I was told by some clever people in IBM that the Helpdesk / Service Desk would be gone within a few years – that was in 1990. Do we really think that many of our major institutions might go to the wall or lose serious traction  because we don’t embrace new technology and ways of working? Certainly this is possible and may happen to one or two, but for most organisations change is still a threat and also a major cost in terms of capital and resources, so change has to be based on solid business decisions. OK for some industries that may well lead to success or failure in terms of speed and time to market. However for many that is not the case and I don’t care what anyone says, I can’t see banks going bust because their staff use blackberries rather than iPhones – we don’t give everyone a Mercedes Benz for a company car.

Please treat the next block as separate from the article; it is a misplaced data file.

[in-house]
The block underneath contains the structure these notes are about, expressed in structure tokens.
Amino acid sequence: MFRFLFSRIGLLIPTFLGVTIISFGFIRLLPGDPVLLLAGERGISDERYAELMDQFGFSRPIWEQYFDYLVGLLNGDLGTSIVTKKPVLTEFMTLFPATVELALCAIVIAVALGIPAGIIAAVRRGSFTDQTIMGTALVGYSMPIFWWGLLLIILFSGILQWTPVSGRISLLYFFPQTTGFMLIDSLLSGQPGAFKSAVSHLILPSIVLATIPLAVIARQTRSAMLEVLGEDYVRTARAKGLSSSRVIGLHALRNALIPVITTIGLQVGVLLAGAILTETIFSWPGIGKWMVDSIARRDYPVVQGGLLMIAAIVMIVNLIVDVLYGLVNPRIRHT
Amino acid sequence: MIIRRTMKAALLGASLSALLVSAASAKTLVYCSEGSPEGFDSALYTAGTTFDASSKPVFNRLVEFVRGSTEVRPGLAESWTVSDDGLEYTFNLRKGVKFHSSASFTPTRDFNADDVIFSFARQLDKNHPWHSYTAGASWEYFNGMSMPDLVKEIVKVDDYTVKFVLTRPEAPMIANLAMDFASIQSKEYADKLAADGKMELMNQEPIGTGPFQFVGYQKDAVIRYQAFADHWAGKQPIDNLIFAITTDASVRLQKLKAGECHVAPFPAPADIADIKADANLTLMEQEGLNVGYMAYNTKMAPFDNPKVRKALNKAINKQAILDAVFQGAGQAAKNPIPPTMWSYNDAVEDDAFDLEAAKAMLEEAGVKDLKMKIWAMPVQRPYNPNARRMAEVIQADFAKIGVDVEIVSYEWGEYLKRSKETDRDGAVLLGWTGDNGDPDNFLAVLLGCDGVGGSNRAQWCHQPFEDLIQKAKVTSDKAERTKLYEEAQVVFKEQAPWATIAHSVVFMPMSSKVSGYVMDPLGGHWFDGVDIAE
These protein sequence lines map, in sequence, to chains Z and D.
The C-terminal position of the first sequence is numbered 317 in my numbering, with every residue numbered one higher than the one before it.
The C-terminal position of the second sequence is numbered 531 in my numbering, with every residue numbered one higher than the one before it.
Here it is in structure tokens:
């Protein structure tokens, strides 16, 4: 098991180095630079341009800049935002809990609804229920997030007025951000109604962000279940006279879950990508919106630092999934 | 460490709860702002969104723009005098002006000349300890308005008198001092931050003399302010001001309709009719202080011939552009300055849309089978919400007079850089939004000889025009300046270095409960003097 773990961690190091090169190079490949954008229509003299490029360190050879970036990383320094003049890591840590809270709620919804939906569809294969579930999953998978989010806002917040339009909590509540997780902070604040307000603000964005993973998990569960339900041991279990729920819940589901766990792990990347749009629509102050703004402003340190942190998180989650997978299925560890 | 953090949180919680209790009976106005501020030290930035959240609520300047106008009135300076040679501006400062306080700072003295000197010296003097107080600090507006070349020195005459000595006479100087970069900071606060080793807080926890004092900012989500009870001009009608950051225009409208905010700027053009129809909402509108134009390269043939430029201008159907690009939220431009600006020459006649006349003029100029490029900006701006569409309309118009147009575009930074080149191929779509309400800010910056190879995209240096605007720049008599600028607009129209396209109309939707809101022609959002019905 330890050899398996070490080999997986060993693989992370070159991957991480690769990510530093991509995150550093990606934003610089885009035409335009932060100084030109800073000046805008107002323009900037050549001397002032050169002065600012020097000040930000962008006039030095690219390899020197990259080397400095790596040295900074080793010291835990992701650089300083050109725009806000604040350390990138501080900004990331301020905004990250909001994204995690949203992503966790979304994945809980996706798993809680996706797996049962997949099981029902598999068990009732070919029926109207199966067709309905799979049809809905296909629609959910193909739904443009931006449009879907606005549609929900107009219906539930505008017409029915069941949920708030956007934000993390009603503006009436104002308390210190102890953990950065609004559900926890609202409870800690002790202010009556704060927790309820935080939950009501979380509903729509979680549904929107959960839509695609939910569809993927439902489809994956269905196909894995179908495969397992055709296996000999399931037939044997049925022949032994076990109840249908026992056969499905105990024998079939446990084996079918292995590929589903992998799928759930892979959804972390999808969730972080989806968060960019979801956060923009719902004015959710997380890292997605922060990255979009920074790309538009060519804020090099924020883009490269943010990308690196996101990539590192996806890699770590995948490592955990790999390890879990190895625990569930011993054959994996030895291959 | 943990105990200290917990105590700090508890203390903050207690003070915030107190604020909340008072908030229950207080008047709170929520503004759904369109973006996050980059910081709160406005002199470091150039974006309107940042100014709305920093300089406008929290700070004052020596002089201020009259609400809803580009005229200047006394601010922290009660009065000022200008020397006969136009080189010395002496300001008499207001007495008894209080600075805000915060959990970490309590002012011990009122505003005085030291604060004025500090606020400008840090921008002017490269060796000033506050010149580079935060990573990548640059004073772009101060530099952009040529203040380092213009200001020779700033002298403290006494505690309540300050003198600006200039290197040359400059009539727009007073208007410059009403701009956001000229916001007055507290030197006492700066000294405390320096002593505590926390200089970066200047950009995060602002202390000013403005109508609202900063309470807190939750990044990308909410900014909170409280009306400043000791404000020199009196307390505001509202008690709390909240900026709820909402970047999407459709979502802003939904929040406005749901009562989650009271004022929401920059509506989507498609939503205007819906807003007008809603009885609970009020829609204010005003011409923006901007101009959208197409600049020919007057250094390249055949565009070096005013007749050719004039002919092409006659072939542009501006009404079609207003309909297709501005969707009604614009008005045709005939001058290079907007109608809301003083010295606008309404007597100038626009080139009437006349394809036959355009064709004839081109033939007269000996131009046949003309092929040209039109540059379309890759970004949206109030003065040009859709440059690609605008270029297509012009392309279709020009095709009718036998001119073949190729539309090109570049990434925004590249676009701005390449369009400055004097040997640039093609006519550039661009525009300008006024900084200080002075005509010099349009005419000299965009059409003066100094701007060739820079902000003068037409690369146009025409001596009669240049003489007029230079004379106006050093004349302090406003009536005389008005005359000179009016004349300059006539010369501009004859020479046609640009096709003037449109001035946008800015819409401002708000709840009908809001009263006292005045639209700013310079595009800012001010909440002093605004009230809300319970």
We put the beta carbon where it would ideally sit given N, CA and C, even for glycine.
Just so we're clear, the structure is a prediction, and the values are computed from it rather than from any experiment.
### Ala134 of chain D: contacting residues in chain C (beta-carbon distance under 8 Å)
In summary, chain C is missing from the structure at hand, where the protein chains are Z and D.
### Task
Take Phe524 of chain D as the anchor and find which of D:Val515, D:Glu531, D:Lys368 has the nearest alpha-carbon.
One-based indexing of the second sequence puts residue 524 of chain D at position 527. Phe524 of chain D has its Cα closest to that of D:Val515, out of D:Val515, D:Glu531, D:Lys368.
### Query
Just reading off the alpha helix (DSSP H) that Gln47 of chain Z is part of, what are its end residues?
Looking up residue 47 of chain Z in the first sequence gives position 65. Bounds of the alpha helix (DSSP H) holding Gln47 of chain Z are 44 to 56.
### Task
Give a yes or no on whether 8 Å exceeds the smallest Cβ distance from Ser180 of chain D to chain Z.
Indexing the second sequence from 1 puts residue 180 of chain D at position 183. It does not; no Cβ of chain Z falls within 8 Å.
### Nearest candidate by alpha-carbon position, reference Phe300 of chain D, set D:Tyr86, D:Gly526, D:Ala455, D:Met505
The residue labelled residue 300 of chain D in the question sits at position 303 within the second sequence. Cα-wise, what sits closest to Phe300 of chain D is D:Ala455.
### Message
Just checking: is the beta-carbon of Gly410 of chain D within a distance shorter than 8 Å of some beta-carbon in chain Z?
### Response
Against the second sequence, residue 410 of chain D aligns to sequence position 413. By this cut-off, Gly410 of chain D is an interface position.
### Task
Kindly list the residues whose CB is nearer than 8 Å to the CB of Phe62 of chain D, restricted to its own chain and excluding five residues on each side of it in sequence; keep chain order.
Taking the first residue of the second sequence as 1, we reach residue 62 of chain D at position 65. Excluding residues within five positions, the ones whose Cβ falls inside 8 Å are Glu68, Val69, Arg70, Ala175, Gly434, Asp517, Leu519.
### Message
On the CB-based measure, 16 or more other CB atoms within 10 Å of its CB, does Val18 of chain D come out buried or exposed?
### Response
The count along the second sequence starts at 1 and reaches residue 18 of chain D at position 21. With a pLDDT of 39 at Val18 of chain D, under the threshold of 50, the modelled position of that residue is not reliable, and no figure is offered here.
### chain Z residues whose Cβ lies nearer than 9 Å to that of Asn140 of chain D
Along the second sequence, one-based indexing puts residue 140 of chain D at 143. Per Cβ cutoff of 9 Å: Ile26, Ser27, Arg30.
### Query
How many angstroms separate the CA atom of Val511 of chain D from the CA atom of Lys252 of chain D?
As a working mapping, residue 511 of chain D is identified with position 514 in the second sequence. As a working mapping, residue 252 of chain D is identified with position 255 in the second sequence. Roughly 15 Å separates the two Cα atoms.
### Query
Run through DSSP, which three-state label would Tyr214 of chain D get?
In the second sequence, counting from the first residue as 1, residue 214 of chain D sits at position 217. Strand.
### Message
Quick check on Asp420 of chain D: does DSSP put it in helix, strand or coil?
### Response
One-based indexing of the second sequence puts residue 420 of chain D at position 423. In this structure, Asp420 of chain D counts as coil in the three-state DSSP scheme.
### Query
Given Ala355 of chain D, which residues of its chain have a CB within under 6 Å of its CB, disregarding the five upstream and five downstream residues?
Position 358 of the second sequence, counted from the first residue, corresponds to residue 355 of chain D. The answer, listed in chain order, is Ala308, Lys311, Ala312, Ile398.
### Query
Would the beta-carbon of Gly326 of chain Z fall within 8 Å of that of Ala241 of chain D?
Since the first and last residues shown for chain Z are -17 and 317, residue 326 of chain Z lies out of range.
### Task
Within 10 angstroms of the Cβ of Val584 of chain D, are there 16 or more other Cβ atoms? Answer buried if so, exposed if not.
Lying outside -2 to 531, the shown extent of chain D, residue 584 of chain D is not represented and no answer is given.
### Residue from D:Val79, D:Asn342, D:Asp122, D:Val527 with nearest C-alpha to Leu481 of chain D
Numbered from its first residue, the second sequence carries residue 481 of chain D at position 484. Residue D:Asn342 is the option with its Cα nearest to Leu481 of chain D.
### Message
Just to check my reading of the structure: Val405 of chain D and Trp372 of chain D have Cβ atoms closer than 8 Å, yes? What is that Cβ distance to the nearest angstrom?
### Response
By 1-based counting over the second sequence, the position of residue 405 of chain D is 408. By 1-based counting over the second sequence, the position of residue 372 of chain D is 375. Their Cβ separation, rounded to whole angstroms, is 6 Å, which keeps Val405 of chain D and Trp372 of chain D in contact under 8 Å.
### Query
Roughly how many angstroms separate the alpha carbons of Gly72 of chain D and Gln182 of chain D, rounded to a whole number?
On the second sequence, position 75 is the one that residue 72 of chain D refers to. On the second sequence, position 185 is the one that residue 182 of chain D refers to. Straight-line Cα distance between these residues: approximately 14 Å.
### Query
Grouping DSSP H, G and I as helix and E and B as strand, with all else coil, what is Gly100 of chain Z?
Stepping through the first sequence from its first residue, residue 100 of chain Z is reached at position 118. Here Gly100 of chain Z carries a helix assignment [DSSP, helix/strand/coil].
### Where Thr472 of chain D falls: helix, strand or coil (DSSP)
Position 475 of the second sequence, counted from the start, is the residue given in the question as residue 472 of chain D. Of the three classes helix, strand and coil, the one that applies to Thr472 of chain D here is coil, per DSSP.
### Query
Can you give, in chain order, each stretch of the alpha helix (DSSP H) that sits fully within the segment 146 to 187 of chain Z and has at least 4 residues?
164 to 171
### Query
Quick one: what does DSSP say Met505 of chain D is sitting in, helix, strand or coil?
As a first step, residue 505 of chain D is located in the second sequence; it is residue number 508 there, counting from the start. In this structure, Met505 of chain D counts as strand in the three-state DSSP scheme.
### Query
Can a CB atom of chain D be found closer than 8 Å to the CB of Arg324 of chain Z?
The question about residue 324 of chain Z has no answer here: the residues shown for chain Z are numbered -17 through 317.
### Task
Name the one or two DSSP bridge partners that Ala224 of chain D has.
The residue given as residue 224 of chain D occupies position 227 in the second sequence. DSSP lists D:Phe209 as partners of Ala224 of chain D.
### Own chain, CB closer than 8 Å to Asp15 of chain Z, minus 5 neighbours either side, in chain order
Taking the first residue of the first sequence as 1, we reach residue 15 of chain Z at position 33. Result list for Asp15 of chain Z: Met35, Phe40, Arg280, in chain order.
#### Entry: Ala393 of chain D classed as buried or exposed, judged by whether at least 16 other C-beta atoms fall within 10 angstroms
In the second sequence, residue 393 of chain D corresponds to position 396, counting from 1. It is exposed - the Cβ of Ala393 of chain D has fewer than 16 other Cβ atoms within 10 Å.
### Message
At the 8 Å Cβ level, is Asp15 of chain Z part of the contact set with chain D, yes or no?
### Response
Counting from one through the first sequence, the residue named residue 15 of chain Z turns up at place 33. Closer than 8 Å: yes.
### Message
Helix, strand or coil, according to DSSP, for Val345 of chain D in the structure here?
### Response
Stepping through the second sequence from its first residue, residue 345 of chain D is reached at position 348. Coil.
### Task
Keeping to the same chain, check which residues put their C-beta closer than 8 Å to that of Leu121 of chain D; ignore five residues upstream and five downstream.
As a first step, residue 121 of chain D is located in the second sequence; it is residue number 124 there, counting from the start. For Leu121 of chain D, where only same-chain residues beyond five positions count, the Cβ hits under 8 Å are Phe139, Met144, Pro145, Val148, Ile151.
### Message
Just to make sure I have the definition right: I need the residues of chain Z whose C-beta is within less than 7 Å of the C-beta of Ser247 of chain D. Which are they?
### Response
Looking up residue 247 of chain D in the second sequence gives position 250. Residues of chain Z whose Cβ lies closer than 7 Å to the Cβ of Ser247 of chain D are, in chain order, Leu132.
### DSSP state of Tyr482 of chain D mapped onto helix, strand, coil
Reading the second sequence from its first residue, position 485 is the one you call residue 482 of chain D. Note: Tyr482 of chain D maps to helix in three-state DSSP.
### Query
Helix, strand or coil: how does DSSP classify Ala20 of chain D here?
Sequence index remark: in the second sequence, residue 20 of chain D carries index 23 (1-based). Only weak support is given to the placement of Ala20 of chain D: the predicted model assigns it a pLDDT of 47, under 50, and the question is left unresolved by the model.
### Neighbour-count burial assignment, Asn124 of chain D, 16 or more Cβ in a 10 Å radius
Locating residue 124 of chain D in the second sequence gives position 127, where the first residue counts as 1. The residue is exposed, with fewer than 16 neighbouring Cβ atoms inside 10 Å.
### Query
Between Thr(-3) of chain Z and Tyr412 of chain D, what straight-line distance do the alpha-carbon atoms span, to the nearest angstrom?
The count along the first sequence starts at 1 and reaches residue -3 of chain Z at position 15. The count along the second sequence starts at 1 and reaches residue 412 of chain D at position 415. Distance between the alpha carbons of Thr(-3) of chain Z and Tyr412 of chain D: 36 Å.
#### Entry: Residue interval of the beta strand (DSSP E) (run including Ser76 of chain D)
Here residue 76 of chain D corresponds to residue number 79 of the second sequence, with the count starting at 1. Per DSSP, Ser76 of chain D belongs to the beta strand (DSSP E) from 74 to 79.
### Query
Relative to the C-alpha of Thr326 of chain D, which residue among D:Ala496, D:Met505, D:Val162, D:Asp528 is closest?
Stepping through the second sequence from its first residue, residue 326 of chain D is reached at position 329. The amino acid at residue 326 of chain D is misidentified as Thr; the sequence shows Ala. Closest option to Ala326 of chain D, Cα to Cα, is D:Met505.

Business is itself multi-speed and the adoption of technology reflects that. We need to be vigilant and definitely wake up to the new challenges. But for many that will take time and we should not be too concerned about a little bit of schizophrenia.